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The Issue of Whitewashing in the Black Community.

July 9, 2016 by  
Filed under News, Opinion, Weekly Columns

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( There is something that continues to plague the black community. It is something that we do to ourselves as a way to, I don’t know, cope with the rejection we receive from the world in which we live. It is ugly; it is damaging, and it is debilitating. I am talking about bleaching our skin.

Some people call it whitewashing -the deliberate lightening of one’s skin in order to be perceived more attractive and accepted. Only, putting harmful chemicals on our skin in an attempt to rid ourselves of the God-given melanin that makes us unique and strong does not equate to beauty. In fact, most of the time when people do this, you can tell that they have whitewashed themselves, and it is far from attractive. It looks unnatural and is a great indicator of self-hate.

The hard thing about this practice, which is extremely popular in Caribbean countries like Jamaica and Haiti, is that people with a bit of celebrity have embraced this horrible notion, making it all the more acceptable. Recently, Lil Kim and Azalea Banks have become two of the most visible culprits.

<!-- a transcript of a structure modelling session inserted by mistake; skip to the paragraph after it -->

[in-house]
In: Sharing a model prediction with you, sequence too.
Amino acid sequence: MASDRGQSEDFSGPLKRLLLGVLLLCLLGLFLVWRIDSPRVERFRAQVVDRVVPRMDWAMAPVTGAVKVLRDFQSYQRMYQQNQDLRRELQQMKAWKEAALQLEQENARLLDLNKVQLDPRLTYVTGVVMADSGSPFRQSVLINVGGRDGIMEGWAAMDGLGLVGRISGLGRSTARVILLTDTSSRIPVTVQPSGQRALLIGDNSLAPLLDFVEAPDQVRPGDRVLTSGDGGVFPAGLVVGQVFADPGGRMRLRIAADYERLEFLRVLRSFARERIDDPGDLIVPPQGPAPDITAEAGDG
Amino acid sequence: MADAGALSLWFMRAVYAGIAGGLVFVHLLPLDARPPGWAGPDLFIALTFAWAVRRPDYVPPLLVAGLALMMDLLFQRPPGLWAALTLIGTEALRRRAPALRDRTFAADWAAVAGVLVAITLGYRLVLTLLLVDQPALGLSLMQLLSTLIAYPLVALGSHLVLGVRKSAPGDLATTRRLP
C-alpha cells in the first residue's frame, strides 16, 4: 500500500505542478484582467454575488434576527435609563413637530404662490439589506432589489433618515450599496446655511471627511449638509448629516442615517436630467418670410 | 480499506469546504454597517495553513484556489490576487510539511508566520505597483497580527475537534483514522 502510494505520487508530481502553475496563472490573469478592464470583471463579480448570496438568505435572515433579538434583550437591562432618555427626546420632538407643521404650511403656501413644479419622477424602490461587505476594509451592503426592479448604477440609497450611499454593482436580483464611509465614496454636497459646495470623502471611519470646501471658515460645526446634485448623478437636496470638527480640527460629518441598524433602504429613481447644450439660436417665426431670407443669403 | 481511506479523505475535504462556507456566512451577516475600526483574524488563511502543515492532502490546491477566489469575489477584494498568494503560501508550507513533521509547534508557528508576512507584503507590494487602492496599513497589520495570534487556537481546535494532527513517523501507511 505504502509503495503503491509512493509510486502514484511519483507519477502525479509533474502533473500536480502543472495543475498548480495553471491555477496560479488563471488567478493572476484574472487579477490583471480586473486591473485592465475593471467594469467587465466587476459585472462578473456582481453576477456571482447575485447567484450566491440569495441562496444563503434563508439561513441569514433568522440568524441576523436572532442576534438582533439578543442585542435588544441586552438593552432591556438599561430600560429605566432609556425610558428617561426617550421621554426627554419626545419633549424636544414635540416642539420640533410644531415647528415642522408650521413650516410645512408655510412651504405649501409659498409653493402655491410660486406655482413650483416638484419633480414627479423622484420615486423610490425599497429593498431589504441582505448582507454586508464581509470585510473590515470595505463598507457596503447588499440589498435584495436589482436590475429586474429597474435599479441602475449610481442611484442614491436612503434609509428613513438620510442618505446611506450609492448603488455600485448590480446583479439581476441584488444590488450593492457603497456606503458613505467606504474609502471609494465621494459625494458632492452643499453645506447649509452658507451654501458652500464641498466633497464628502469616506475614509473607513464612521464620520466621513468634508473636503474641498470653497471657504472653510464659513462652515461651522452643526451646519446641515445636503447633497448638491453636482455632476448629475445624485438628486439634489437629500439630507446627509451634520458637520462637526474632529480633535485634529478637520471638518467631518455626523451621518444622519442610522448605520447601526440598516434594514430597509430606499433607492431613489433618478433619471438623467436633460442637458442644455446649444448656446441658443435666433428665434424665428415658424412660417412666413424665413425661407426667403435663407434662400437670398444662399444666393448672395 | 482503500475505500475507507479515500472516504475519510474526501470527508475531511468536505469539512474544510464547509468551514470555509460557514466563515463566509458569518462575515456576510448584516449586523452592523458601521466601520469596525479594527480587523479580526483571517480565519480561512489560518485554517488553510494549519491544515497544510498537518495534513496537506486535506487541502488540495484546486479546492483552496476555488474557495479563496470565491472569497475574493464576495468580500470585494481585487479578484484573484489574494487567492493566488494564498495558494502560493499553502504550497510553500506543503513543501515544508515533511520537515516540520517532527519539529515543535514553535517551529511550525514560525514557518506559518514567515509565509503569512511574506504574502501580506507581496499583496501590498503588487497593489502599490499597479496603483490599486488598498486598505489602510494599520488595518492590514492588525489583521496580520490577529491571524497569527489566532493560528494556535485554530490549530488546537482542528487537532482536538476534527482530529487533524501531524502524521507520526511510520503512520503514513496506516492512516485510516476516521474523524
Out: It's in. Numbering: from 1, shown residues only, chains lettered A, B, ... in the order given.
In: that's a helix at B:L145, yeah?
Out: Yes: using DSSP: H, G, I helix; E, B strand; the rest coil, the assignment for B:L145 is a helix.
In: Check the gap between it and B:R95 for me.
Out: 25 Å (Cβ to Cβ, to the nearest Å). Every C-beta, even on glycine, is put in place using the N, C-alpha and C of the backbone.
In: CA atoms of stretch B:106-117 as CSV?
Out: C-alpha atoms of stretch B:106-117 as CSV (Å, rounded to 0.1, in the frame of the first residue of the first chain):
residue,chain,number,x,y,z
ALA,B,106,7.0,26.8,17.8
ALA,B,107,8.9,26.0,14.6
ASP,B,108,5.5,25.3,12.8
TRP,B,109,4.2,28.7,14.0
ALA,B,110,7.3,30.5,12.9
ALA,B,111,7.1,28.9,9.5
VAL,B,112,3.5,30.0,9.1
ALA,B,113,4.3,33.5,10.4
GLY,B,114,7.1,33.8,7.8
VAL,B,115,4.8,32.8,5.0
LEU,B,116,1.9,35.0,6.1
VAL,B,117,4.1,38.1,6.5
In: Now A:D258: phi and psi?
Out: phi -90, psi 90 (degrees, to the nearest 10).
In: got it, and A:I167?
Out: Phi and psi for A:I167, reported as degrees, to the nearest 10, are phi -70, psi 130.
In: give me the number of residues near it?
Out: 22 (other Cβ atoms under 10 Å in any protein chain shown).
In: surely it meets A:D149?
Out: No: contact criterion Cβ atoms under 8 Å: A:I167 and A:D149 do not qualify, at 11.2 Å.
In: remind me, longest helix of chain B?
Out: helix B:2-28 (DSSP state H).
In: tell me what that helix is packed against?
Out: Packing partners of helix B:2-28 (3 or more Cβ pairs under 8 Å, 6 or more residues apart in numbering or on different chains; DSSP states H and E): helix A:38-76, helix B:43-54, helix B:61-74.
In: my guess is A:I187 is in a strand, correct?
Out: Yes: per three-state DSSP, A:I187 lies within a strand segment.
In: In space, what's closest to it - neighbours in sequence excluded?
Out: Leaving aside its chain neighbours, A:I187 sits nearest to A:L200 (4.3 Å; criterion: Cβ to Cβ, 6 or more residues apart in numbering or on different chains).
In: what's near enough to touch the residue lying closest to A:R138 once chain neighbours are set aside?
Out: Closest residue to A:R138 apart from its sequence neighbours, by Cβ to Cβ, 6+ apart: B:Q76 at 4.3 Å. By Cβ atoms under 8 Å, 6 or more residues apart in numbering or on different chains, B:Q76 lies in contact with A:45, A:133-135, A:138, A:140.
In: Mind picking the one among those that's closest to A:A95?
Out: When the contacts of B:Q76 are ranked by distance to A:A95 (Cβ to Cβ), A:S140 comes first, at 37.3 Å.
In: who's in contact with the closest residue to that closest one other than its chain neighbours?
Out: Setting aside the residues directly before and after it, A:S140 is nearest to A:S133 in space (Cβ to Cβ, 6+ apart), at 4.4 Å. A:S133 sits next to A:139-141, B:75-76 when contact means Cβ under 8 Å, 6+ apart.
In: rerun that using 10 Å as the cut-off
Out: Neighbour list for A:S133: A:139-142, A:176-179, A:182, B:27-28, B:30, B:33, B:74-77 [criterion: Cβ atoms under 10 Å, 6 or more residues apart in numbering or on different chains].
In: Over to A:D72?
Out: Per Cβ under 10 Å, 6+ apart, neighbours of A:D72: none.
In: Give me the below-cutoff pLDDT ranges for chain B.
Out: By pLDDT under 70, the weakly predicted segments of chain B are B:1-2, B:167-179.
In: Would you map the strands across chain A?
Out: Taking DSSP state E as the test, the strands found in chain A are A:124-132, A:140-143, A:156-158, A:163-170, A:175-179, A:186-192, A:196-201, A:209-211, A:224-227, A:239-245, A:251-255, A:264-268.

Lil Kim is a rap legend. In her heyday, she was a beautiful black woman who fans regarded as confident and proud. But she has totally altered her look and why? Because the dominant society told her that her brown skin was not good enough. It also didn’t help that, according to her, most of the men in her life tore down her self-esteem. She once said,

“All my life, men have told me I wasn’t pretty enough – even the men I was dating. And I’d be like, ‘Well, why are you with me, then?’ It’s always been men putting me down just like my dad. To this day when someone says I’m cute, I can’t see it. I don’t see it no matter what anybody says.”

Her lack of support and love from the people she needed it from most caused her to change her looks in a way that now makes her unrecognizable.

Then there is Azalea Banks, another rapper. She is much younger than Lil Kim and maybe that’s why she’s so open about what she did to her skin. Banks does not care if people know or what people have to say. In fact, she doesn’t see how lightening her skin is any different from black women wearing weave because to her, it’s all appropriation. She has pushed products through her social media causing other dark skinned and brown skinned women who struggle with being a black woman in America to “do something” about their melanin “issue.” It is beyond sad.

Let us love our black women more. Let us show them that no matter what we have been taught, light and white is not the only color that’s alright. All black is beautiful, and all black is worthy to be cherished and celebrated. We have got to do better by our young women because Lord forbid that a whole generation grows up believing that they can easily erase something so special about who they are.

Staff Writer; Rasheda Abdullah

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